Two months ago Kenya’s public sector doctors walked out on strike, and millions of Kenyans who normally depend on them are beginning to overwhelm the nation’s private hospitals, particularly in rural areas.
In 1992, the U.N. formally recognized Kakuma as a refugee camp — a temporary shelter. A quarter-century later, Kakuma hosts more than 150,000 refugees — victims of all manner of East African calamities, from Ugandan homophobia to political unrest in Burundi. Presently, it is filling up once again with people fleeing civil war in South Sudan.
Long before the Syrian civil war, before millions of people began fleeing to camps in Turkey, Jordan, and elsewhere in search of safety, Kakuma was something of an icon in the global refugee crisis. Today, it stands as a solemn reminder of the permanence of humanity’s displaced masses.
Meet Fathom, the world’s first-ever cruise line for vacationers who don’t just want to do beaches, spas, and shopping, but to do good.
Launched in April, Fathom consists of a 704-person ship, the Adonia, that sets sail every two weeks from Miami to Puerto Plata, where cruisers volunteer to plant trees, build floors, teach English, and otherwise make the Dominican Republic a better place. (On the off-week, the boat heads to Cuba.) But Fathom isn’t the handiwork of some Christian missionary or celebrity NGO. It’s a subsidiary of Carnival, the world’s largest cruise operator, with revenues of $16 billion a year.
Fathom exists to make money, but it also exists to fill a growing demand in the global-tourism industry: volunteering, a trend widely referred to as “voluntourism.” More than 1.5 million people vacation to volunteer, spending about $2 billion annually. Fathom may be the largest single manifestation of that trend to date: In its first year, it claims it could ferry 18,000 passengers who could generate upward of 200,000 volunteer-hours—the equivalent of more than 100 full-time NGO workers. It calls its program “impact+travel.”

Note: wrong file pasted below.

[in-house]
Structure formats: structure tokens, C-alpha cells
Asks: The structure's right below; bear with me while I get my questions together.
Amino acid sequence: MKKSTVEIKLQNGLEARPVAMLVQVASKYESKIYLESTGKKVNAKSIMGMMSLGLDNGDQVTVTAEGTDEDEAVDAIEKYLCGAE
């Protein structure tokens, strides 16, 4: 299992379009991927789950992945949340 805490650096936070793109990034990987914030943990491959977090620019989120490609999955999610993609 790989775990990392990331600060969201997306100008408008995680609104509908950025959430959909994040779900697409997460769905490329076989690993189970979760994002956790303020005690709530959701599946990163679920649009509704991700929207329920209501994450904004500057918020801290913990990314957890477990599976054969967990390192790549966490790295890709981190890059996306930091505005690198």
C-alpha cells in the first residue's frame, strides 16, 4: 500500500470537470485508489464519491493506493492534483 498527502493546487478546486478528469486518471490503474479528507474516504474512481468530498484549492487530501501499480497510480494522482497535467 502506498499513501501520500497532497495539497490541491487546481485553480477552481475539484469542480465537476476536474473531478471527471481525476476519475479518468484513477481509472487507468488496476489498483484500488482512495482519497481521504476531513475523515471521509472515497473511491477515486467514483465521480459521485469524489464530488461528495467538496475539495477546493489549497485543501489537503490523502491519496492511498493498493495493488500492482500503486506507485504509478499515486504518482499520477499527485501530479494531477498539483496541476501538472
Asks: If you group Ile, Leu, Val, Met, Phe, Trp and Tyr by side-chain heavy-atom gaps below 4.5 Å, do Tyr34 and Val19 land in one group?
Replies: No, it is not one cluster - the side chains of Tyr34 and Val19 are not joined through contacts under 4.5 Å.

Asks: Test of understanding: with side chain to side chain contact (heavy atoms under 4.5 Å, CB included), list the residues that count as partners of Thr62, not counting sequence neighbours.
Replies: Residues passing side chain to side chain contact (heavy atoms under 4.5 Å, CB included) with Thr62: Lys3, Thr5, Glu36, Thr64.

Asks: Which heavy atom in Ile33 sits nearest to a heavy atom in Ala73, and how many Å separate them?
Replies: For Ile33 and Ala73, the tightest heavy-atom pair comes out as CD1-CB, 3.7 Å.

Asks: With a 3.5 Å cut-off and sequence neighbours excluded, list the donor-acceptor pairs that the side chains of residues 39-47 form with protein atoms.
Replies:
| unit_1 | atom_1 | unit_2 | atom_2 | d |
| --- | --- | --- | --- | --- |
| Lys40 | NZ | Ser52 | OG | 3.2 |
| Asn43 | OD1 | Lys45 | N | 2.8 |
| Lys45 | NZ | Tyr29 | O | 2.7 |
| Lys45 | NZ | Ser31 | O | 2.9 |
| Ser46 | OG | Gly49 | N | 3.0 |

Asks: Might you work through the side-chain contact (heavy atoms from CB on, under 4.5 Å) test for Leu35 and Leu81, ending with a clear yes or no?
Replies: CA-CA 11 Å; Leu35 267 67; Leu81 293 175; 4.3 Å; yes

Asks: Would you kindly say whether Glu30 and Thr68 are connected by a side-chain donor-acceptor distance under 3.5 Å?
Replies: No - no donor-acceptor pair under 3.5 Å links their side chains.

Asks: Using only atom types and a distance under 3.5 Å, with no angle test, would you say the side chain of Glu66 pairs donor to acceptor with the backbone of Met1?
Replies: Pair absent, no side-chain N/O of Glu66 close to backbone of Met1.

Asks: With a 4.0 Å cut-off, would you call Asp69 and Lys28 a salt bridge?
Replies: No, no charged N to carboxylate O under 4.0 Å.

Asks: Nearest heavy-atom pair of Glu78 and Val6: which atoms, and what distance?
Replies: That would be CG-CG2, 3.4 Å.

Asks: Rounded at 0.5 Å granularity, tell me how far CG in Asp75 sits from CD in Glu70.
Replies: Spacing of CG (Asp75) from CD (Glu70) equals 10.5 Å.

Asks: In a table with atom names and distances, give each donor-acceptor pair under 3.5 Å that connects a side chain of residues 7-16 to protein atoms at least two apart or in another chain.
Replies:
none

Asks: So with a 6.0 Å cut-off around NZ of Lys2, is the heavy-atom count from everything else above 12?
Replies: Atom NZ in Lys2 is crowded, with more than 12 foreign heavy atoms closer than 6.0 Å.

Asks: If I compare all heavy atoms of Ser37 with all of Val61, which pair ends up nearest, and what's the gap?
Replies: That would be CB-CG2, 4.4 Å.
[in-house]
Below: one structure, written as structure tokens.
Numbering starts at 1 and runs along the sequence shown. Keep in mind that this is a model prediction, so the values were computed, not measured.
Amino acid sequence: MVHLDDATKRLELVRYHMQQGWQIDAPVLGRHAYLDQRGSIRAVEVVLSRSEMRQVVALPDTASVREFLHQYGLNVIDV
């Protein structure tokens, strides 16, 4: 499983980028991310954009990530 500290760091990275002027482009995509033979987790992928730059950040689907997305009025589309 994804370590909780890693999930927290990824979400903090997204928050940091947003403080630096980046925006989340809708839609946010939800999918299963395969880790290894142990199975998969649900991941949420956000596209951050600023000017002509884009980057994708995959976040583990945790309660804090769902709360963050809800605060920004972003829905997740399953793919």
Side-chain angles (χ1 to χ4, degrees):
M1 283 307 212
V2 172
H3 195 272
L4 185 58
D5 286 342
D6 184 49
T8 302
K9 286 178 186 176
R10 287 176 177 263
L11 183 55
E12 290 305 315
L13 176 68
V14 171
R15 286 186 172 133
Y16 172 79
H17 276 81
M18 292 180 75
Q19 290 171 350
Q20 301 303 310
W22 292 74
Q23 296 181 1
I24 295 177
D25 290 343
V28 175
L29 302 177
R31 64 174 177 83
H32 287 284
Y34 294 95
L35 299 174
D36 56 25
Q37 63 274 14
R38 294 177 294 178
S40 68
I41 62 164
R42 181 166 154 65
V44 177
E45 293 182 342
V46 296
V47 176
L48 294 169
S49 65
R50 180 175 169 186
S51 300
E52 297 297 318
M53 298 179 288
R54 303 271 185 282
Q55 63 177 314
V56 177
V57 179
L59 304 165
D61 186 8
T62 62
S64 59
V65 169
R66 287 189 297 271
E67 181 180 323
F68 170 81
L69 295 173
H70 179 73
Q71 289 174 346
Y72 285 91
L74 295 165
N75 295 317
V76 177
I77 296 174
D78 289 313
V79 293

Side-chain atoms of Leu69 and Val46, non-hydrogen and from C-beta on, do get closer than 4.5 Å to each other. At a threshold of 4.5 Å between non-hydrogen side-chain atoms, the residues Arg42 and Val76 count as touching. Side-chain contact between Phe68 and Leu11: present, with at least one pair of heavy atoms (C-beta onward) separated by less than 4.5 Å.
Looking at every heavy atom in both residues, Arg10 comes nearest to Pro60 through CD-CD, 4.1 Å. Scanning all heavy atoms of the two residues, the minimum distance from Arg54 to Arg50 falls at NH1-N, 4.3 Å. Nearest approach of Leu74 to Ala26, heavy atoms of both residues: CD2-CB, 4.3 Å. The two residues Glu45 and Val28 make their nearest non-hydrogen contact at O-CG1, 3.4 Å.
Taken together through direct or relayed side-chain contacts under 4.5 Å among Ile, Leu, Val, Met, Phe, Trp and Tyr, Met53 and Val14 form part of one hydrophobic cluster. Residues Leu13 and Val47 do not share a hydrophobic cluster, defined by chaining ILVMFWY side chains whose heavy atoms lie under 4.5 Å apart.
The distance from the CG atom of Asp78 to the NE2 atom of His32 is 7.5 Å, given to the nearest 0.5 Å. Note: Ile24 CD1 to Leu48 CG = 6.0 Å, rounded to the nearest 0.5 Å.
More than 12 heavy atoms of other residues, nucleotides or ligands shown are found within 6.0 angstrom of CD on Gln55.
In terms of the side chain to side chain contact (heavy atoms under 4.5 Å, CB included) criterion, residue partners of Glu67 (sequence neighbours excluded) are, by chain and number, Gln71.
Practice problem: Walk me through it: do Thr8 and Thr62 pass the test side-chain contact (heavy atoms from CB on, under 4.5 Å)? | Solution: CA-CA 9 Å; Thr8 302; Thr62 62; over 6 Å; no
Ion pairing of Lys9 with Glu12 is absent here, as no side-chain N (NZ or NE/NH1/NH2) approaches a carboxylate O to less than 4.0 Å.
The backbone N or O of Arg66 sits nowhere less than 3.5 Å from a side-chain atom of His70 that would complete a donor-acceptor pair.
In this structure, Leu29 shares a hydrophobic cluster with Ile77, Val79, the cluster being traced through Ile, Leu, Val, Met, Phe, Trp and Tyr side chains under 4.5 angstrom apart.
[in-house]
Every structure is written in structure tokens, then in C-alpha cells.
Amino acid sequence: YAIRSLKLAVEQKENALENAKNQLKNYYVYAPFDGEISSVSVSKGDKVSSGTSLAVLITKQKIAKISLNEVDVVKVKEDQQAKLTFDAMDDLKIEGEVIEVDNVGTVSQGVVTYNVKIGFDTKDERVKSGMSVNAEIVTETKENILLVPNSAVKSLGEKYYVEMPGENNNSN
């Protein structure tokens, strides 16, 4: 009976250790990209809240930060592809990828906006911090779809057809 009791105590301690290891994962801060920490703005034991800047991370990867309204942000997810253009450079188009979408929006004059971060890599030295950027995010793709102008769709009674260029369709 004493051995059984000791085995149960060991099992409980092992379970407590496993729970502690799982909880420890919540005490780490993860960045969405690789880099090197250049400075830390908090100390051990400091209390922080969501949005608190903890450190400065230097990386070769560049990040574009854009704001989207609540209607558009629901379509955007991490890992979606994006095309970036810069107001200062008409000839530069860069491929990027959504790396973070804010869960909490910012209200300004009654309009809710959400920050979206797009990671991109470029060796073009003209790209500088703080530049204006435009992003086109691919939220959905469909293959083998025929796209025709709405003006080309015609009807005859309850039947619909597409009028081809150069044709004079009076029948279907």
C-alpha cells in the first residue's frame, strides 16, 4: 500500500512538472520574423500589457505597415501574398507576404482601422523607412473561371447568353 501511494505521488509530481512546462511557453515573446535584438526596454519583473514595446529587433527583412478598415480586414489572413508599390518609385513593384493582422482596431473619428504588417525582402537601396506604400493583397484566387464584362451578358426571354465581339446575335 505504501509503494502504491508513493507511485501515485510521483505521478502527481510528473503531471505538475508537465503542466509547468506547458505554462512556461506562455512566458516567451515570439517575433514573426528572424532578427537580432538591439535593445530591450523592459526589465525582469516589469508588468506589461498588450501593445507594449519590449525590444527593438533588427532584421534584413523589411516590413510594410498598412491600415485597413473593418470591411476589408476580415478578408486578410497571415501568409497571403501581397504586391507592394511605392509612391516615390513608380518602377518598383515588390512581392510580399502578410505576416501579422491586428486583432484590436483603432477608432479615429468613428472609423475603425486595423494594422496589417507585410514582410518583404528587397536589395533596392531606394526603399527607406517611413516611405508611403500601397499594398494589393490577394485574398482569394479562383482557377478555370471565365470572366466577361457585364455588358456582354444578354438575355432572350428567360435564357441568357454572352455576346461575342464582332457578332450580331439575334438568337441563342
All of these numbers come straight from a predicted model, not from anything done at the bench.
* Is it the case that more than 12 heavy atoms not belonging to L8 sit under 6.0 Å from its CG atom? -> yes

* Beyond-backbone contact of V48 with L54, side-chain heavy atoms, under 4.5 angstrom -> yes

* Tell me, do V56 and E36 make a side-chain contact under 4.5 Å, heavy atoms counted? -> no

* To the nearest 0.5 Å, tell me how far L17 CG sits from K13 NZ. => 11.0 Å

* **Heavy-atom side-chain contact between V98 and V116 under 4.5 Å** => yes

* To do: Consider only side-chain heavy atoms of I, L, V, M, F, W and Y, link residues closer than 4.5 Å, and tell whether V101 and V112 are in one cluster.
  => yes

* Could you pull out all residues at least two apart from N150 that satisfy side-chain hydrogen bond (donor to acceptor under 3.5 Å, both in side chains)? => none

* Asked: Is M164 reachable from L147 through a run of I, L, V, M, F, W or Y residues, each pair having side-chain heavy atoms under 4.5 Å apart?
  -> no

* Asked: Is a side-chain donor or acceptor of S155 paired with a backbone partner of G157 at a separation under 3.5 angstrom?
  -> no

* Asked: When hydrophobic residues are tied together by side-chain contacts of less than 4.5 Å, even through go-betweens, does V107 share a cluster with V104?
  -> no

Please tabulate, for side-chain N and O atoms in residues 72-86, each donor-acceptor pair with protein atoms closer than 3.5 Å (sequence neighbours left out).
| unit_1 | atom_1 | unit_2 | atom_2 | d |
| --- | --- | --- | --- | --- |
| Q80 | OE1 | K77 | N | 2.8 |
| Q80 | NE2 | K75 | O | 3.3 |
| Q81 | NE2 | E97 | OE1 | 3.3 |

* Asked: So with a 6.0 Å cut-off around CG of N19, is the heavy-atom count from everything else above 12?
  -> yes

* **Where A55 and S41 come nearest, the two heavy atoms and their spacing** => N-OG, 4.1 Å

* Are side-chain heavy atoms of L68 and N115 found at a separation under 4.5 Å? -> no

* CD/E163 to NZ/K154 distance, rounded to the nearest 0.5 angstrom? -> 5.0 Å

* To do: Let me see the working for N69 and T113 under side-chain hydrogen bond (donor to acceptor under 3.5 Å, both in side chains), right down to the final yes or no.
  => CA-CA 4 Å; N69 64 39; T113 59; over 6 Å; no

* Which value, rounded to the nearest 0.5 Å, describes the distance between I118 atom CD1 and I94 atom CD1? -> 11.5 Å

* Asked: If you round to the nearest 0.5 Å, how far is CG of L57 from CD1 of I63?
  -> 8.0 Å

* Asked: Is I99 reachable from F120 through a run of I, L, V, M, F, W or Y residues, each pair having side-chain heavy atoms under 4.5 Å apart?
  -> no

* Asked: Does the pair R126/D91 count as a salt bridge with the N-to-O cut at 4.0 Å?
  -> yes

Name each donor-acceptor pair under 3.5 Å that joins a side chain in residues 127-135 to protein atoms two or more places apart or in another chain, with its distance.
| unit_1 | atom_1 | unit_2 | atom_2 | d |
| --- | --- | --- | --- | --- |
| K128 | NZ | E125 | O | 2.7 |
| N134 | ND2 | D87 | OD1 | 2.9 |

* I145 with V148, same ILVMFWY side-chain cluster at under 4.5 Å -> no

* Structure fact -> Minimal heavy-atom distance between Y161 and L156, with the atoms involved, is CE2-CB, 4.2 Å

It’s a bold claim.
Read the full article at VICE.com or in the November 2016 issue of VICE Magazine.
The death toll from Hurricane Matthew in Haiti—now officially at 336, though likely far higher—is a big part of why the world is paying attention to Haiti right now. It’s in the headlines, it’s in the ledes. It’s the reason news agencies continuously hunt for the highest figures: The higher your death toll, the more fresh, the more ominous your reporting appears, and the more likely it is that TV news stations, newspapers and news websites will choose your story over your competitor’s.